Deserts, Evolution and Extinction

Permian and Triassic 213-286 million years ago

This was a time of extraordinary changes on a global scale. On display are fossil tracks from animals living in hot, dry climates during the Permian and Triassic periods as well as fascinating imprints of raindrops. Alongside these are tracks and trace fossils from animals of many different ages. At the end of the Permian over 90% of all life on the Earth perished in the largest mass extinction ever. Find out what died out and what survived in this part of the museum.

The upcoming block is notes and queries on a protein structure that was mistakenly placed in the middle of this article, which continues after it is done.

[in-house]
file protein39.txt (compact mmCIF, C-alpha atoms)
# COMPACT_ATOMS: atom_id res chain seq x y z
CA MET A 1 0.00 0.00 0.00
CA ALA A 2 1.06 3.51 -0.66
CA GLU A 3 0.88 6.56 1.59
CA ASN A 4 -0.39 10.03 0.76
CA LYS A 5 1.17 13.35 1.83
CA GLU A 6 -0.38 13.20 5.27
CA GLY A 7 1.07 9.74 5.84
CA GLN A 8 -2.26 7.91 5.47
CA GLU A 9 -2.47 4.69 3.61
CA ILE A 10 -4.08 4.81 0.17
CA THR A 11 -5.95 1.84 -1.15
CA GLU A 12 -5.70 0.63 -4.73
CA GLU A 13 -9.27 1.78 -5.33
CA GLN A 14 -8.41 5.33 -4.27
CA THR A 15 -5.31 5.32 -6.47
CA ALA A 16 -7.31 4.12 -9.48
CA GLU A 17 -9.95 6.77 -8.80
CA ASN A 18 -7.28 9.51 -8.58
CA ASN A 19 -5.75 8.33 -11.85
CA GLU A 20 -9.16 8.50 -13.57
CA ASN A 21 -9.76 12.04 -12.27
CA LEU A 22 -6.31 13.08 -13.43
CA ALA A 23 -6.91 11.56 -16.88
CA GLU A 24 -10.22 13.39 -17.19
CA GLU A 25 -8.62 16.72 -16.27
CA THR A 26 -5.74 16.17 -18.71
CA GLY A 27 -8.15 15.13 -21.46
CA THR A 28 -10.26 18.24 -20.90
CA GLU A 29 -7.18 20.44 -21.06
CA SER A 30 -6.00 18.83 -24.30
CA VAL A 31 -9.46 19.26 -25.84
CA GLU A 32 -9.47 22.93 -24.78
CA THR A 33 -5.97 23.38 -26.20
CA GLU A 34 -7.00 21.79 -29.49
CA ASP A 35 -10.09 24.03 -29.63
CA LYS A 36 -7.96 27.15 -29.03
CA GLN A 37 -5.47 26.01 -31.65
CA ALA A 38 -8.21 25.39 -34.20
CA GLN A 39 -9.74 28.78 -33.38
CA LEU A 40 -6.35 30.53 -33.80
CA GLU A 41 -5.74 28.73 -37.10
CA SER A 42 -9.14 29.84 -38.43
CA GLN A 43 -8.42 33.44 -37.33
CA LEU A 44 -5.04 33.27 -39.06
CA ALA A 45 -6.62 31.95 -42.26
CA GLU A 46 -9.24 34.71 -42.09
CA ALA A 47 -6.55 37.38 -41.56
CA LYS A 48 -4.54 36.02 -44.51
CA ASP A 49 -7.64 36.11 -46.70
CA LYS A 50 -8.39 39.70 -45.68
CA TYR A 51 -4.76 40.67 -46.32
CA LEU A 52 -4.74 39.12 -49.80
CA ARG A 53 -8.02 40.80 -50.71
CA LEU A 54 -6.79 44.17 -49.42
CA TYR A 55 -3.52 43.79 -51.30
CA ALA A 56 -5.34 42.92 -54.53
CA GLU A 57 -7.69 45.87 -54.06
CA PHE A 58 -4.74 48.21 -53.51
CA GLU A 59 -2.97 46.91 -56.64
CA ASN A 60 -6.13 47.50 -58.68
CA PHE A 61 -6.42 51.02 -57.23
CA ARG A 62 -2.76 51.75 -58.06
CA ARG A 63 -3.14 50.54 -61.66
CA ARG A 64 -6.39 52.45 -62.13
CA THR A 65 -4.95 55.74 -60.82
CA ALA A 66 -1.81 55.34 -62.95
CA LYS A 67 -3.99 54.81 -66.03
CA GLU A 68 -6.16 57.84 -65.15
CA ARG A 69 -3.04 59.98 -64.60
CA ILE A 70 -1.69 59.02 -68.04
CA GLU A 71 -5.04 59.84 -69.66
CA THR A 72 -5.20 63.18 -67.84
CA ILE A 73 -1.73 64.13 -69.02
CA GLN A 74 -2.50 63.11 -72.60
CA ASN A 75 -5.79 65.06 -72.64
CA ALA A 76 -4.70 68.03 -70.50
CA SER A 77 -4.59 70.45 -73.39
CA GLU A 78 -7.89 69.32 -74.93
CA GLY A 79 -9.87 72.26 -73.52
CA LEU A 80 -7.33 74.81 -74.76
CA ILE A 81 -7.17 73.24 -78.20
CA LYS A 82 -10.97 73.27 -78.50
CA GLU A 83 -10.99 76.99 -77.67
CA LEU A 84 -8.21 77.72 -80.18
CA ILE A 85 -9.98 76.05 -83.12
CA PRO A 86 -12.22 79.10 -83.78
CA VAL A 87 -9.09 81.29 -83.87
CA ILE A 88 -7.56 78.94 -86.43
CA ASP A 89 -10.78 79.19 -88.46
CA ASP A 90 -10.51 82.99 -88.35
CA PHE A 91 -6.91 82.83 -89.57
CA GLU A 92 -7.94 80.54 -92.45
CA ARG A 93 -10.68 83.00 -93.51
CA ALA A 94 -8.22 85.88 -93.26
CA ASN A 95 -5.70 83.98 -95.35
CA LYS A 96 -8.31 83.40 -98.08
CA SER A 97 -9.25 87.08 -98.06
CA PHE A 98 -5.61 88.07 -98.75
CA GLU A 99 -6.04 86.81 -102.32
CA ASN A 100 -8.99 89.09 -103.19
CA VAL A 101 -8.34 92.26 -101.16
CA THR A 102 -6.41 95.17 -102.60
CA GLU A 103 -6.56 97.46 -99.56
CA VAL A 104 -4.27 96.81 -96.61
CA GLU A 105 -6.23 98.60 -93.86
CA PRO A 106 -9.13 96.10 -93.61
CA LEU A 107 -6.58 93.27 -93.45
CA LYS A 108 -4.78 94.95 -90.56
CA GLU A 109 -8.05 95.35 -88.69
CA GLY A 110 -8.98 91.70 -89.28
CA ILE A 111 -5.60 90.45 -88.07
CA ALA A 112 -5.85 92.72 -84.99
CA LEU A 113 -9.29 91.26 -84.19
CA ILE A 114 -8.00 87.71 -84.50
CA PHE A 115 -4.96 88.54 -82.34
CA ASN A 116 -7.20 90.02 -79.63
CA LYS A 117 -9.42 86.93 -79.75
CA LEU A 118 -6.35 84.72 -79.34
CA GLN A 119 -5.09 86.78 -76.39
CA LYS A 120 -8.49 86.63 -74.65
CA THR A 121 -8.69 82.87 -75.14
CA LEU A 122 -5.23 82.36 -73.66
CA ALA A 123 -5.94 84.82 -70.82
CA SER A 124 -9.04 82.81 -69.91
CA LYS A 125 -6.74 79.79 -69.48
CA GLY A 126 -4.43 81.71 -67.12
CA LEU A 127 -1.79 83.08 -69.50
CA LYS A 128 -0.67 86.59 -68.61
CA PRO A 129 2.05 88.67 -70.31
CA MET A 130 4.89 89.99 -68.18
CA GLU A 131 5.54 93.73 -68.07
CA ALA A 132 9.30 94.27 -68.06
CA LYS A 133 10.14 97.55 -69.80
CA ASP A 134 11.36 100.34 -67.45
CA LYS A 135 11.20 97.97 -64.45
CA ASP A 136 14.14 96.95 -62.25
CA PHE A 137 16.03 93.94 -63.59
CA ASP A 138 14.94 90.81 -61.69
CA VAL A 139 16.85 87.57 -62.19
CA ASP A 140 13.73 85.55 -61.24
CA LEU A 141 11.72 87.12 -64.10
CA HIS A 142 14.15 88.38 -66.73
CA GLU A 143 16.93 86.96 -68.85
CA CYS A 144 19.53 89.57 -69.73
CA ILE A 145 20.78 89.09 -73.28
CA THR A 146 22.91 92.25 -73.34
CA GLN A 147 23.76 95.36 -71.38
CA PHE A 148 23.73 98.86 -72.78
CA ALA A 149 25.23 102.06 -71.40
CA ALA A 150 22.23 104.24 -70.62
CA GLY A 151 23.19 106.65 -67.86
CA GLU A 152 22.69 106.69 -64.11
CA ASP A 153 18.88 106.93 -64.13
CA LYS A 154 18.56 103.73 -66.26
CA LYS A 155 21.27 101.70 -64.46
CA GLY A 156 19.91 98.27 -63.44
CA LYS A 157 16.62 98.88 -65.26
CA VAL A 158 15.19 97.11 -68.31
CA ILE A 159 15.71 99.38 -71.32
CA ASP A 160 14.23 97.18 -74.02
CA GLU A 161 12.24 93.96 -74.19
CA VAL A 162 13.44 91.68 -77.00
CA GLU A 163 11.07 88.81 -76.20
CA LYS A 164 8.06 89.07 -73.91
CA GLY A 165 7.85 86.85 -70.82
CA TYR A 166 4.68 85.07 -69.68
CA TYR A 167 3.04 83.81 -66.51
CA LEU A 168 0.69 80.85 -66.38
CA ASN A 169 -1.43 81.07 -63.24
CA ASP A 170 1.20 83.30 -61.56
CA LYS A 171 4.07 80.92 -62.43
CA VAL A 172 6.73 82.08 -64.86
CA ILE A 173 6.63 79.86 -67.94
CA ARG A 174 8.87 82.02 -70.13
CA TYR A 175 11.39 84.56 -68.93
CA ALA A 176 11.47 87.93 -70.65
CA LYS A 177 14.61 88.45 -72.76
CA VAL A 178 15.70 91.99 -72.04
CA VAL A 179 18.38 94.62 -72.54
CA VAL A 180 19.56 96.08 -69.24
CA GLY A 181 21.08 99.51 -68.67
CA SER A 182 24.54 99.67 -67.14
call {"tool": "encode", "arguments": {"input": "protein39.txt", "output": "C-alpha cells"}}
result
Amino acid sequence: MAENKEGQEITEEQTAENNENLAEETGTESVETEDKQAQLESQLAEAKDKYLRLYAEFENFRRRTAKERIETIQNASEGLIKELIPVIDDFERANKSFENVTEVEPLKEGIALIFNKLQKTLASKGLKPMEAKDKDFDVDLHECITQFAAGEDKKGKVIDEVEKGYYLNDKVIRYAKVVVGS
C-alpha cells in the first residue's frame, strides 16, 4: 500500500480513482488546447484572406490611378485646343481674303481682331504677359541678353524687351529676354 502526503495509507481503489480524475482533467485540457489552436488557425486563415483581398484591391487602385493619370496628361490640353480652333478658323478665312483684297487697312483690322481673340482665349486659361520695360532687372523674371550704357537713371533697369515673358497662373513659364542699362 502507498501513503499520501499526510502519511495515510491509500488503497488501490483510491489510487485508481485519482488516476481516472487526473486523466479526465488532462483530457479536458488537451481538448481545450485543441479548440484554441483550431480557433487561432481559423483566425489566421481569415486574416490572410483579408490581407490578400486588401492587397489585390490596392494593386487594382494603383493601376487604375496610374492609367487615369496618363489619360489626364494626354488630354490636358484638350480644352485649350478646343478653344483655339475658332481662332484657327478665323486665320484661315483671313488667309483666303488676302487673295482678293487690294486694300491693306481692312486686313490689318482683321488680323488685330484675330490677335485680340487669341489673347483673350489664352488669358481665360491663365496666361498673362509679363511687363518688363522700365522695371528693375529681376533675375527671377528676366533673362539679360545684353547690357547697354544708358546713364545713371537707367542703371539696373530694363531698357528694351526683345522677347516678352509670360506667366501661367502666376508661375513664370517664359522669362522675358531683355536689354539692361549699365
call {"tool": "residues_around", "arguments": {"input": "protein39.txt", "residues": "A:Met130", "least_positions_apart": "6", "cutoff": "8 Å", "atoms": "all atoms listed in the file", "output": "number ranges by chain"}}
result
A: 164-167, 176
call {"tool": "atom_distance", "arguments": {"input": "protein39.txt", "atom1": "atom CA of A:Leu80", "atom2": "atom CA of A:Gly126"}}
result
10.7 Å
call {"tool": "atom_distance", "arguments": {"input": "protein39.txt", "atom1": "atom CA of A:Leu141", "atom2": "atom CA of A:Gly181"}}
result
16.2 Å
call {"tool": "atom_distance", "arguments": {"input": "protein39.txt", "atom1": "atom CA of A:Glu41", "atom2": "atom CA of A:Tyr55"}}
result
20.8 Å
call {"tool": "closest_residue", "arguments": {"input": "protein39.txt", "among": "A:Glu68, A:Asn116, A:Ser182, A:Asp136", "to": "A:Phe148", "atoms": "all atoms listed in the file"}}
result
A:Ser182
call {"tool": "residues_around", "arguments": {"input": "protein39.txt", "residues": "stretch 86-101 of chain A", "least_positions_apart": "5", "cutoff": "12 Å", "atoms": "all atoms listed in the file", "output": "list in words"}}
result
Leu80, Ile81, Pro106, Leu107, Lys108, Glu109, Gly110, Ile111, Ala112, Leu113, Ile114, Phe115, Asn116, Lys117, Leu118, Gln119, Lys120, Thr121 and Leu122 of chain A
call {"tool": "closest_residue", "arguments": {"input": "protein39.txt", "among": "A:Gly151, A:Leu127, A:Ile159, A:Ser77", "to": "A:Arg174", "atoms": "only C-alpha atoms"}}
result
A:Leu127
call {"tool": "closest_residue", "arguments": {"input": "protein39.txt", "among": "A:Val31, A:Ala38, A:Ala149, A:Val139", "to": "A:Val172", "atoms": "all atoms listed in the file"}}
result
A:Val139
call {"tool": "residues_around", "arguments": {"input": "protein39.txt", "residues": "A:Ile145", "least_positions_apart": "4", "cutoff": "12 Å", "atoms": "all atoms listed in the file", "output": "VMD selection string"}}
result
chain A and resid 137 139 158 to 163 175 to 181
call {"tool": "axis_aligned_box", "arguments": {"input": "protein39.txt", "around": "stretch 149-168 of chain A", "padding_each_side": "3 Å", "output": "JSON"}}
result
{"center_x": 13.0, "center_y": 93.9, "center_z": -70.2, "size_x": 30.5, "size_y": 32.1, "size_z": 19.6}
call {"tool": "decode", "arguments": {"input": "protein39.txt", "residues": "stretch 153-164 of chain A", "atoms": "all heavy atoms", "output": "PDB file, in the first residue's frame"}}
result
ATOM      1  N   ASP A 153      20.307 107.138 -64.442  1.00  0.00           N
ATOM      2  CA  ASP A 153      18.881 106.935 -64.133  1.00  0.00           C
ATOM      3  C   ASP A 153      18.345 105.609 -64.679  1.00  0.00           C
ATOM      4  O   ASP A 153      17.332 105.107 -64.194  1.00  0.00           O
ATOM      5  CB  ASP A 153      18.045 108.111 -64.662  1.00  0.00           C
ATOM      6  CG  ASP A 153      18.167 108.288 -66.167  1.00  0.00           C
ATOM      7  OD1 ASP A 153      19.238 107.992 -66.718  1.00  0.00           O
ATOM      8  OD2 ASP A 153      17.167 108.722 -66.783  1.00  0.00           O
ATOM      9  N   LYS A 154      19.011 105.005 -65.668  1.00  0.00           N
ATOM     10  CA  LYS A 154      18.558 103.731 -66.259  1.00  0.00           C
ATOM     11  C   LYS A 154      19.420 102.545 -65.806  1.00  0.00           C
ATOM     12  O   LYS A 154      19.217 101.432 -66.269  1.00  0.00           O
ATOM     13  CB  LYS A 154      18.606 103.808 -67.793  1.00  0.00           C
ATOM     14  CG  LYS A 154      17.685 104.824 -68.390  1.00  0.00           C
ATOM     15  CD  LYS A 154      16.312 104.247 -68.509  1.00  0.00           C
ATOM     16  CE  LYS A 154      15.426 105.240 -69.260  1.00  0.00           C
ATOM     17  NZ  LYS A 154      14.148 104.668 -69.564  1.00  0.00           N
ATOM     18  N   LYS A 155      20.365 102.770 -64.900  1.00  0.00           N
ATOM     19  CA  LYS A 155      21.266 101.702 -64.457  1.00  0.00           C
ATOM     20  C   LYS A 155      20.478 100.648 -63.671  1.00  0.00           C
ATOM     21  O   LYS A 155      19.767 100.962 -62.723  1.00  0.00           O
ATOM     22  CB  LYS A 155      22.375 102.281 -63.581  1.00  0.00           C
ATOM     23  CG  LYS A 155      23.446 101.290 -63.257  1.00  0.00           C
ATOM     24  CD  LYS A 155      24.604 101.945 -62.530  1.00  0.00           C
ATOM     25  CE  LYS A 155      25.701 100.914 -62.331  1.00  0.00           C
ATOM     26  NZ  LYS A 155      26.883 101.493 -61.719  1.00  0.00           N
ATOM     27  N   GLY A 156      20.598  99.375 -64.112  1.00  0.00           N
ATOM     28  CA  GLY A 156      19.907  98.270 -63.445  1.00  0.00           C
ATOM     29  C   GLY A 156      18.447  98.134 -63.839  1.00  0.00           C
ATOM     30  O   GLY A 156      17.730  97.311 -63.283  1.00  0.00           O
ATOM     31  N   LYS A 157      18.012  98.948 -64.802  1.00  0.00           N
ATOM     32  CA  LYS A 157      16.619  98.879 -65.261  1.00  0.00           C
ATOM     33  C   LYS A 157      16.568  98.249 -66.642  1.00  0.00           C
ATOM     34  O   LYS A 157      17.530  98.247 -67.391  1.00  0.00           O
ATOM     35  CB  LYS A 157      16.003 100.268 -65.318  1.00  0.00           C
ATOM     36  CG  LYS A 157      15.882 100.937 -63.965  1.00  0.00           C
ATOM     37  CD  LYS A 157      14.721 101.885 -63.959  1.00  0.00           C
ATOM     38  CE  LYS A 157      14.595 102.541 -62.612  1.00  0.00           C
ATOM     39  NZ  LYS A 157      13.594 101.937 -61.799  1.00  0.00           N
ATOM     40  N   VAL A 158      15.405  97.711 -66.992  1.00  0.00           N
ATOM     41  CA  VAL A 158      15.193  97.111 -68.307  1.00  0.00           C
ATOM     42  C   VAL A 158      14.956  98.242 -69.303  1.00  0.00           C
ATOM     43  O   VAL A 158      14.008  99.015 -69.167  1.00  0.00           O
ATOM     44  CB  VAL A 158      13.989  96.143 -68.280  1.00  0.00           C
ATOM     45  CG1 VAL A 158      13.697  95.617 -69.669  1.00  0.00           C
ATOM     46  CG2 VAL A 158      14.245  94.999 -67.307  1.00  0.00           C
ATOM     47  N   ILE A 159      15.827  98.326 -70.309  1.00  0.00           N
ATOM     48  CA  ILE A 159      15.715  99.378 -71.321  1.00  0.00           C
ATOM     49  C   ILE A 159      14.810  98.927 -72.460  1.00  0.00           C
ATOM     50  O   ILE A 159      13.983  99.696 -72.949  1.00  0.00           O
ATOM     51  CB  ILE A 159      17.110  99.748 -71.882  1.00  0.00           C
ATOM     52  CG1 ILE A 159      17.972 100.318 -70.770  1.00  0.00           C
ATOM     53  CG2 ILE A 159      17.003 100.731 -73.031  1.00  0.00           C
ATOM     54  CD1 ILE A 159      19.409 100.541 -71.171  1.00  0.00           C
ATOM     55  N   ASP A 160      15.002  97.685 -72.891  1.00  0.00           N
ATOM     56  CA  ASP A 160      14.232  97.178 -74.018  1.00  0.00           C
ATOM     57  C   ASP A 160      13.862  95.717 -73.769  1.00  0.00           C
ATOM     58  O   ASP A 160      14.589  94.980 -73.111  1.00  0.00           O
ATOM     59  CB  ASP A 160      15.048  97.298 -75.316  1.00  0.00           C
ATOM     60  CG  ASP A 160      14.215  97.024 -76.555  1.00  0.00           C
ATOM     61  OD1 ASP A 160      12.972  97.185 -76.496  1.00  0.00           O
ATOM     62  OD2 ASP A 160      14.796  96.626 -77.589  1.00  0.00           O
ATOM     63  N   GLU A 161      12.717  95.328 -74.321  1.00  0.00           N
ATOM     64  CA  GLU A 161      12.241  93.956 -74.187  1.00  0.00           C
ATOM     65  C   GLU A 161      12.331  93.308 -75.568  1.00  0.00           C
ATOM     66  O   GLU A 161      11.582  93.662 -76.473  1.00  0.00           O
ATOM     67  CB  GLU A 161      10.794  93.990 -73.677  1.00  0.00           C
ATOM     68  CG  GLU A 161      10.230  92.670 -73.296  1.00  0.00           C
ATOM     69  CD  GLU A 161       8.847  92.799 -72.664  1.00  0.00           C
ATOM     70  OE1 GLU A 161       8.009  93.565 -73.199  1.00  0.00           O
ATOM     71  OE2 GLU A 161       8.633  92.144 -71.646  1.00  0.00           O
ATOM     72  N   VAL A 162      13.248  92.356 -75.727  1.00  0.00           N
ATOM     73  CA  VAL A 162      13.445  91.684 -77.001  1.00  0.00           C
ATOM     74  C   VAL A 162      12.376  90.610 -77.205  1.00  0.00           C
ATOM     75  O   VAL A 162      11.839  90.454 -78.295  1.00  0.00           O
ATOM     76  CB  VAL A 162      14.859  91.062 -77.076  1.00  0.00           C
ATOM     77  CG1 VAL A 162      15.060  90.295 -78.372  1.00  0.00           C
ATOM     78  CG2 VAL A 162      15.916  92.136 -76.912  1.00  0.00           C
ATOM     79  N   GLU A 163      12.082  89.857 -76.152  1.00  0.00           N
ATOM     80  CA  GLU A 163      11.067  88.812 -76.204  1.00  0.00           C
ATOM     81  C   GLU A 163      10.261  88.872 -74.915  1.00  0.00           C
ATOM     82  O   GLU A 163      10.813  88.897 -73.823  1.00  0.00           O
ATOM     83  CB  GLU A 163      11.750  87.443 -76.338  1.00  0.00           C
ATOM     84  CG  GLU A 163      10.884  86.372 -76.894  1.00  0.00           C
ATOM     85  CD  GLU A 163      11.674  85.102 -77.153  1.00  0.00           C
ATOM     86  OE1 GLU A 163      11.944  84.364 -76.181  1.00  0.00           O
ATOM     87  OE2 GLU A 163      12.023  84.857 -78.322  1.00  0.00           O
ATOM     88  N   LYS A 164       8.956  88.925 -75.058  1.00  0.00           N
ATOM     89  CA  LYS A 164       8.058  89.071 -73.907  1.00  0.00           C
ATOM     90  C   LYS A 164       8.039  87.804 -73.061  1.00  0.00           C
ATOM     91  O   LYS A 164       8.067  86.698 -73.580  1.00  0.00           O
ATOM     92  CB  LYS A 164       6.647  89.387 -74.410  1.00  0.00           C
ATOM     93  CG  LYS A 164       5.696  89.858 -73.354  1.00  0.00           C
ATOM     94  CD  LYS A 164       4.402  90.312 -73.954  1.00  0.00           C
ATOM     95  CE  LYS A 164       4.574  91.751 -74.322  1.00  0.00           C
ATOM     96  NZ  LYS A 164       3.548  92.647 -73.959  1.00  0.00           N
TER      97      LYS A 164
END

During Permian and Triassic times, vast desert-like landscapes extended across much of North America, Eurpose and Russia, but they were not devoid of life. Lake and river sediments preserve traces of the plants and animals that lived there. Trails of footprints left by animals walking over wet sediment were sometimes covered by more sediment and preserved as trace fossils, known as Chirotherium. The problem is that it is often impossible to know exactly what kind of animal made them, but it is most likely that they were archosaur reptiles.

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